Wednesday, June 18, 2008

Craig Lucas' Commencement Speech

I just came across, on the Huffington Post, Craig Lucas' commencement address to the graduates of the Boston University College of Fine Arts.

Here's a snippet:

School is incredibly hard. Change is hard. Being constantly told what you don't know is horrible. Exploring the unknown, stuffing the brain with new information while emptying it of what is now revealed to be erroneous is all completely horrible. Falling on your face. It makes us feel stupid and encourages more confident students to leap up and show off. One wishes bad things to rain down on them. You know, the ones who got cast in everything, got all the solos, the praise, whose poems are already appearing in the goddamn New Yorker and who handled it all with such grace, one wishes for them to fall down and chip their teeth.

Perhaps it's because: how in the hell are we to face a life in the arts? Did they teach us that? I don't remember that happening, but I cut a lot of classes and I am a very slow learner and late bloomer. Really. So when your parents start asking what the hell is going on, what are you working on?, remind them that Van Gogh didn't paint until he was 27; don't mention Schiele whose huge body of unforgettable work was cut short by his death at 18. Don't mention him. Or Jesus.

What I vaguely remember about my graduation is having to sit and listen to some ancient man, older than carbon, standing before us in red gown droning on and on about the meaning of a life in the arts in America.

Now I'm back and this time I'm up here and, worse still, I know what you're thinking.

You want to drink and get laid, and I want that for you, I really do. (Or was that high school?)It bears noting that some years after graduating, I started to read about the Group Theatre, the seminal theater company which saw its own function in society as being something more than the attainment of success, fame and wealth. Elia Kazan, Lee Strasburg, Clifford Odets and Harold Clurman, the director of Member of the Wedding and author of the finest book on directing we have, and our greatest drama critic.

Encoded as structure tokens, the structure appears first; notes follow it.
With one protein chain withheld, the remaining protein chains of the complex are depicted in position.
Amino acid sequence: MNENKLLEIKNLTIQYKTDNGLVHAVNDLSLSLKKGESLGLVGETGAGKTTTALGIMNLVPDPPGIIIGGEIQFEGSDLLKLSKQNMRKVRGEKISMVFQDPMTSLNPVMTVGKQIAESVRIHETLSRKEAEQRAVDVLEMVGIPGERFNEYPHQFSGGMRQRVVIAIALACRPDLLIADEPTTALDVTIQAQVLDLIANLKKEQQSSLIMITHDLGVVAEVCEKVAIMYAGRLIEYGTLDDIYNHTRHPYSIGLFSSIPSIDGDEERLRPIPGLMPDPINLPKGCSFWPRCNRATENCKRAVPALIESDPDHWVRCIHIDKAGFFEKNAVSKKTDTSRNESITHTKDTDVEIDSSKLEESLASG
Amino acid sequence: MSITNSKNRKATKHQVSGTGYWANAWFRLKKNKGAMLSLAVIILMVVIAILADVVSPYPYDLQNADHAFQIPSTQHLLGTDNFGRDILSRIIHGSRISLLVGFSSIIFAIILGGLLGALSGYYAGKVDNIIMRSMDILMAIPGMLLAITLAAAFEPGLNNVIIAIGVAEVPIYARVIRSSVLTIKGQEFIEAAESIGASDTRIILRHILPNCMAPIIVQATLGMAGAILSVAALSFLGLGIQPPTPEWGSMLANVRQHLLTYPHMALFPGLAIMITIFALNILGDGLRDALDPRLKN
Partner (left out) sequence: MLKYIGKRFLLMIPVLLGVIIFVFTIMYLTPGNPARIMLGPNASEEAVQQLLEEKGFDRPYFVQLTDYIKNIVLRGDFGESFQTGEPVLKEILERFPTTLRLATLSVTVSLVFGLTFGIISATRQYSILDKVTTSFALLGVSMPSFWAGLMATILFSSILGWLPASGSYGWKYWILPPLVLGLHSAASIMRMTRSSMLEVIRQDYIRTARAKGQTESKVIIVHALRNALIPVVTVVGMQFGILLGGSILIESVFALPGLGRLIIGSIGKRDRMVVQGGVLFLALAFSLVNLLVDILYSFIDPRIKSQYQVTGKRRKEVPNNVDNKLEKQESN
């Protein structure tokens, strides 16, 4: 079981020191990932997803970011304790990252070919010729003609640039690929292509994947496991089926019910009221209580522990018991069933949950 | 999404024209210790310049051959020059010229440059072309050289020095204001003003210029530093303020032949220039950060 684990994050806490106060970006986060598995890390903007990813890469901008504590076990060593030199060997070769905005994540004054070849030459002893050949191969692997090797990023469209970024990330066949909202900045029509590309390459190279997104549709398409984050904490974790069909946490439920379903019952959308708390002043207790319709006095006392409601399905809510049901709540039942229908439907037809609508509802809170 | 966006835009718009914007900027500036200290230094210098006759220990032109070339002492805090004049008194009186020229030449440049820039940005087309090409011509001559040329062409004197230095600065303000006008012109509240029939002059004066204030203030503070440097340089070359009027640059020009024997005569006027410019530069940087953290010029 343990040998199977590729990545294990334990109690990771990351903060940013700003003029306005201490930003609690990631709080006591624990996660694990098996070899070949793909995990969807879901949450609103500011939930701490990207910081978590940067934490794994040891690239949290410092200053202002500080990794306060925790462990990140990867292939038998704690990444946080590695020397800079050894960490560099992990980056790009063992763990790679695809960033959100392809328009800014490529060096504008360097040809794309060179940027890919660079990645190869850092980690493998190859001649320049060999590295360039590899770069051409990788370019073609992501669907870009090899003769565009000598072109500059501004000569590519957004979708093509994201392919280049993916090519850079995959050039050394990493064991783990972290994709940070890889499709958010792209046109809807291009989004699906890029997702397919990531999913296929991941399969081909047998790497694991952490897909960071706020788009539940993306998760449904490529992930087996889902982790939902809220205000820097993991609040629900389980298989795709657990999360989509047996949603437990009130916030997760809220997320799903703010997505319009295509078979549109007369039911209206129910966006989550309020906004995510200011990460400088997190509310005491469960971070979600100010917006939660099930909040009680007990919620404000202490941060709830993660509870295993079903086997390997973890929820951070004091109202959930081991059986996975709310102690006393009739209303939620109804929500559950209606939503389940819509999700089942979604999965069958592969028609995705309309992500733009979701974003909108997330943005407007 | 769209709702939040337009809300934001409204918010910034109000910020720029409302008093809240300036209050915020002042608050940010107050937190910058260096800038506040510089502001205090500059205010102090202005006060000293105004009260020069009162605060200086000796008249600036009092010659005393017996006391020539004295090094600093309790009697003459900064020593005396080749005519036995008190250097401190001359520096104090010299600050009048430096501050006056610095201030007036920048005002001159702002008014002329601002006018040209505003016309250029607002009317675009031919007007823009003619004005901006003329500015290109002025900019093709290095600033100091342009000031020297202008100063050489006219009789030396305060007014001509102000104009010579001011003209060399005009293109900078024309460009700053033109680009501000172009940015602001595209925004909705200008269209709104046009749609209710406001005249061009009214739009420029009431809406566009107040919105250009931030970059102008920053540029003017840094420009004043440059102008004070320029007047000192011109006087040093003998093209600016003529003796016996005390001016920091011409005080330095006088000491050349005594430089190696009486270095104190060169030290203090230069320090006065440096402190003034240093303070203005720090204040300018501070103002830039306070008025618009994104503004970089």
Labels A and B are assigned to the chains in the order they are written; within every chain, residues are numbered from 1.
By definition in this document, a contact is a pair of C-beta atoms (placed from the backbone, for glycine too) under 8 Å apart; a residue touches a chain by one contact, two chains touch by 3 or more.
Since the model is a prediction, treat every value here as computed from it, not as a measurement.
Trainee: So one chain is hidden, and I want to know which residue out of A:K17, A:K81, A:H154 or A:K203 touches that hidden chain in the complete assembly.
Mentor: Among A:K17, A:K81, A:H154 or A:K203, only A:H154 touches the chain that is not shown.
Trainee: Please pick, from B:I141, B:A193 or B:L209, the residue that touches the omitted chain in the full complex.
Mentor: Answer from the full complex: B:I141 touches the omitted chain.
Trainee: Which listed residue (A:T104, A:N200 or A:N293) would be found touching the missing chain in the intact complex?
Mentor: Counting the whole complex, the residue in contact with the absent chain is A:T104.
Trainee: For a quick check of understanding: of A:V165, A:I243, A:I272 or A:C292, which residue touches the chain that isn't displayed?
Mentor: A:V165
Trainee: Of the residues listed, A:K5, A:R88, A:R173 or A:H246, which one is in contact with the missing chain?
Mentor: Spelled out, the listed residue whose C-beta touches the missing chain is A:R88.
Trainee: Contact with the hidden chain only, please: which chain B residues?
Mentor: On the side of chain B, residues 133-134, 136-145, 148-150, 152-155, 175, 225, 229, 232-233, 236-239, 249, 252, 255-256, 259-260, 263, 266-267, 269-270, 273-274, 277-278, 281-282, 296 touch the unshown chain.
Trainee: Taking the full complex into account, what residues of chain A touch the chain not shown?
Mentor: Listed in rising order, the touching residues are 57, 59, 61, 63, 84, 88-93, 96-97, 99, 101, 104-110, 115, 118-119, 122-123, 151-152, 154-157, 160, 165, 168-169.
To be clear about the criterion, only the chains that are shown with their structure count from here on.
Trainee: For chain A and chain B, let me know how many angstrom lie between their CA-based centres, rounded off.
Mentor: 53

That was the ancient man who spoke to us.

Never mind. Here's the good news:

"Real" life is no more unfair, cliqueish, competitive, back-biting, frustrating and claustrophobic than college. In my experience. The trouble with experience, of course, is you have to have it yourself, you never take it on faith.

So since I can't spare you the pain and humiliation soon to be brought about by your absolute unwillingness to trust me, I can tell you that through all the pain and suffering will also to be the consolations of sex, art and pursuit of justice. An added perk to these three -- if you fully commit yourself to sex, art and justice - the Republicans will be out on their ass.

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1 comment:

RLewis said...

Thanks for posting that speech, Leonard. It reminded me of how last year bloggers posted Richard Nelson's speech at the annual ART/NY meeting with some volume of comment on how he called out artistic directors, challenging them to stop developing plays and just produce them as is.

Well, he's out of a job now, but last Monday's annual meeting featured a terrific speech by J.T. Rodgers who spoke to all theater artists with poignant and relevent words (rather than pitting one against the other). Now that was an inspiring speech which should be posted throughout the theatrosphere.